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Cablegate: Ankara Media Reaction Report

This record is a partial extract of the original cable. The full text of the original cable is not available.

UNCLAS SECTION 01 OF 03 ANKARA 008991

SIPDIS


DEPARTMENT FOR INR/R/MR, EUR/SE, EUR/PD, NEA/PD, DRL
JCS PASS J-5/CDR S. WRIGHT


E.O. 12958: N/A
TAGS: OPRC KMDR TU
SUBJECT: ANKARA MEDIA REACTION REPORT
MONDAY, DECEMBER 16, 2002


THIS REPORT WILL PRESENT A TURKISH PRESS SUMMARY UNDER THREE
THEMES:


HEADLINES
BRIEFING
EDITORIAL OPINION
-------
HEADLINES


MASS APPEAL
US Administration Wants Urgent Response - Hurriyet
Turkey is Against the Deployment of US Troops - Milliyet
Iraq heats up - Turkiye
The Secret of the last-minute Gesture: Turkey promises to
solve the Cyprus issue by February 28 - Hurriyet
One-Person Victory, Agar is the new DYP chairman - Hurriyet
(12/15)
Russian Secret Service: Turkish tarikat works for the CIA -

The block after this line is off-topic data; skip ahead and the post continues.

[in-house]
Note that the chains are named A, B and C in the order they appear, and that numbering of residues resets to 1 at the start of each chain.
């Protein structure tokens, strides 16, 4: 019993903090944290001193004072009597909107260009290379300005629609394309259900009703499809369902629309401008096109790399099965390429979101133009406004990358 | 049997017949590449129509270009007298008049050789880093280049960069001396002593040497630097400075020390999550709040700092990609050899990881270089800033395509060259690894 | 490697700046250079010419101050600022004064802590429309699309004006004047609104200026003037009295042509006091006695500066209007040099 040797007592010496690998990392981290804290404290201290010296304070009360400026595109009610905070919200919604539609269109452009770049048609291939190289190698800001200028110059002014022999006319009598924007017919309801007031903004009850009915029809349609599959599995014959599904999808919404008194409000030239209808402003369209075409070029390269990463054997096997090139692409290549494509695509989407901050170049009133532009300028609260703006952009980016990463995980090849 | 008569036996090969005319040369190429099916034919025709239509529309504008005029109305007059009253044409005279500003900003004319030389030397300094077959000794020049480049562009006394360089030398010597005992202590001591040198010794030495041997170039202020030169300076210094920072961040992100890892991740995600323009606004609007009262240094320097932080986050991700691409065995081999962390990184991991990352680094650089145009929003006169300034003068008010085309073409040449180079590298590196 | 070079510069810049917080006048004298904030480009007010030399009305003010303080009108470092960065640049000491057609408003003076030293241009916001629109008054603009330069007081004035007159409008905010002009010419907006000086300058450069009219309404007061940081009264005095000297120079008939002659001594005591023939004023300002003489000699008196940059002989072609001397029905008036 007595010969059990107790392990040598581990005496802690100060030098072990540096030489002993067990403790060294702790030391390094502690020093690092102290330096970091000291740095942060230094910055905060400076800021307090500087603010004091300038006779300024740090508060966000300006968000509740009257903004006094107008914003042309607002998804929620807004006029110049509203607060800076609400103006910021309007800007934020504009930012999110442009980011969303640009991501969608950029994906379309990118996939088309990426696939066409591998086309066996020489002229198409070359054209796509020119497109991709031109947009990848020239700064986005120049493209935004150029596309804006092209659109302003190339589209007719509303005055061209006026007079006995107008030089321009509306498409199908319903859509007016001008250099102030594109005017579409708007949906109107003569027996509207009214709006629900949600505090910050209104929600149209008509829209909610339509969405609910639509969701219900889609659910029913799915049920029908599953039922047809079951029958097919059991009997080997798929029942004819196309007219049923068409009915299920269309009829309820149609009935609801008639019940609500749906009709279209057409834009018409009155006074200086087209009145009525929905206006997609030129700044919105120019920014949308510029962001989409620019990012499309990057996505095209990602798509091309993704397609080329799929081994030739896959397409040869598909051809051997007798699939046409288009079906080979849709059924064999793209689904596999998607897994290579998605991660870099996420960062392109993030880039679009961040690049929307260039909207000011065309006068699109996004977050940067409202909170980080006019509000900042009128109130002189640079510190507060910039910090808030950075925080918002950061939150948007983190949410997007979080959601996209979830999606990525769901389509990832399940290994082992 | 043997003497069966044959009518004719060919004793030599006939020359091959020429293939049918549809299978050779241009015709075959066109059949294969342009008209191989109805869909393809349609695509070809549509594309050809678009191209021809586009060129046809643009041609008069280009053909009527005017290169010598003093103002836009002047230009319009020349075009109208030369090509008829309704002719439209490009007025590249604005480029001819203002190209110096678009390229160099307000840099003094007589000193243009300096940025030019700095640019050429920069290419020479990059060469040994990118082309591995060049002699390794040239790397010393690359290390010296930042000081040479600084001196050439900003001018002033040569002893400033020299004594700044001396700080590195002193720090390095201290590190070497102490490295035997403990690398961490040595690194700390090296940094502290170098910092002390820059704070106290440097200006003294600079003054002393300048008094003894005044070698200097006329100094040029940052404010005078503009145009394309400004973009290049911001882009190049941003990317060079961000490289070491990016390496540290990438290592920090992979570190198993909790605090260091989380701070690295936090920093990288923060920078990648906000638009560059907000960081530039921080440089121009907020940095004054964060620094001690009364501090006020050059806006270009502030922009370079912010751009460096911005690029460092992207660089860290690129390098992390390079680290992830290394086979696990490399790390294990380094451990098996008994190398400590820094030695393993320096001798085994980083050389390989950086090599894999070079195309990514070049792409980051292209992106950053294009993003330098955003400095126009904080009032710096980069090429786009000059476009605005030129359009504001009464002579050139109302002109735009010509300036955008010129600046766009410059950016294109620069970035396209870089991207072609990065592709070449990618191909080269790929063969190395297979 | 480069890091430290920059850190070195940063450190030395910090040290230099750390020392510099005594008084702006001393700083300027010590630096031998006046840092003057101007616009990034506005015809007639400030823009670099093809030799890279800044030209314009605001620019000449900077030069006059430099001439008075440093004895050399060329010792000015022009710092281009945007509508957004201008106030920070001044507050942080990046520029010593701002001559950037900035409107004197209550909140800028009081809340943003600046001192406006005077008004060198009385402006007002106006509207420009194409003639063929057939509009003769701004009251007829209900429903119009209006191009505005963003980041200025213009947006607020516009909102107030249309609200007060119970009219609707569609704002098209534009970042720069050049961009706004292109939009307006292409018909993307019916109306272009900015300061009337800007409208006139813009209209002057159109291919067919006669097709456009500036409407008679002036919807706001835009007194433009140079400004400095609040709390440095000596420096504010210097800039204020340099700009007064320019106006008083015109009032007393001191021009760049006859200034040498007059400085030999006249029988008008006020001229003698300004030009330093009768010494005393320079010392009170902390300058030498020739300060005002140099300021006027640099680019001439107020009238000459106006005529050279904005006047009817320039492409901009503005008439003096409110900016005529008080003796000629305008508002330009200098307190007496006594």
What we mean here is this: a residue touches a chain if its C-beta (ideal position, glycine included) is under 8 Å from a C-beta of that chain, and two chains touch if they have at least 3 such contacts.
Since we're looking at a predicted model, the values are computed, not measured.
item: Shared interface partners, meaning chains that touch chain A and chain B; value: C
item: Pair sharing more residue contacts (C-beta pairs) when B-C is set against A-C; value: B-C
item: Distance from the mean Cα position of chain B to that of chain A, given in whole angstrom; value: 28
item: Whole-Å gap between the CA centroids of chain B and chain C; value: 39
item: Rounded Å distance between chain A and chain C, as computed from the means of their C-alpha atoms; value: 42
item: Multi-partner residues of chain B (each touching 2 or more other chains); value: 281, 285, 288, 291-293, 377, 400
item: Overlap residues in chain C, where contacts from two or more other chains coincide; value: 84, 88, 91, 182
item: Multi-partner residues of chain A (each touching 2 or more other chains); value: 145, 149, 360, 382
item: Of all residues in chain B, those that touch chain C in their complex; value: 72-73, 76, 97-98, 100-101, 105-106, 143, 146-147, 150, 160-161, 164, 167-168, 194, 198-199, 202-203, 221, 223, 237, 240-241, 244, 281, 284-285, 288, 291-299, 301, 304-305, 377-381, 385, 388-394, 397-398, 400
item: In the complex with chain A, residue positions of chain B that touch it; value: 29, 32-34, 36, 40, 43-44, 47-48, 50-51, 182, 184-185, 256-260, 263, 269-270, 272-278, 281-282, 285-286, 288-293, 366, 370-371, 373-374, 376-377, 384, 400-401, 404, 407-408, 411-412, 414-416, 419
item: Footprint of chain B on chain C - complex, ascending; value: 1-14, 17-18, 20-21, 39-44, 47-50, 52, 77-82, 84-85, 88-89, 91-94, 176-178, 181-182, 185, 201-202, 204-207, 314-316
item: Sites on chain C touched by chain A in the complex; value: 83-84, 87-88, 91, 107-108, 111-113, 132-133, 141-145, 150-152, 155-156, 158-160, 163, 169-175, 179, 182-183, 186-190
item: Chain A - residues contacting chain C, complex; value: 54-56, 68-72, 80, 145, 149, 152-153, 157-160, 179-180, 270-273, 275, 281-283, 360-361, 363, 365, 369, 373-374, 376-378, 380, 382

Hurriyet
Greek-Cypriot Administration to offer Greek Passports to
Turkish-Cypriots - Milliyet


OPINION MAKERS
Government Feels the Breath of Iraq War-Cumhuriyet
US Distributes Dollars in Northern Iraq - Yeni Safak
FM Yakis: Compromise in Cyprus is likely before February 28
- Radikal


BRIEFING:


Iraq: Weekend papers and TV Channels reported that 50
trucks carrying US military equipment from Incirlik have
passed into Northern Iraq through the Habur border gate.
"Cumhuriyet" reports that the equipment will be distributed
to Peshmerges by the 500 US intelligence officials already
positioned in Iraq. "Milliyet" reports that the US
Administration expects to hear Turkish response to its
military demands this week. The deployment of thousands of
troops in Turkey, and the use of Turkish Air bases and ports
are among those demands. "Milliyet" notes that the Turkish
government will decide on the issue after consulting with
the parliament, the NSC, and the General Staff. The
Military is positive about coordination and cooperation with
the US, but is against the deployment of US troops on
Turkish territory. The US Administration is reportedly
expected to send a delegation from the Pentagon to Turkey in
order to examine the military bases for possible upgrades.


EU/Cyprus: Citing the German paper "Welt am Sontag",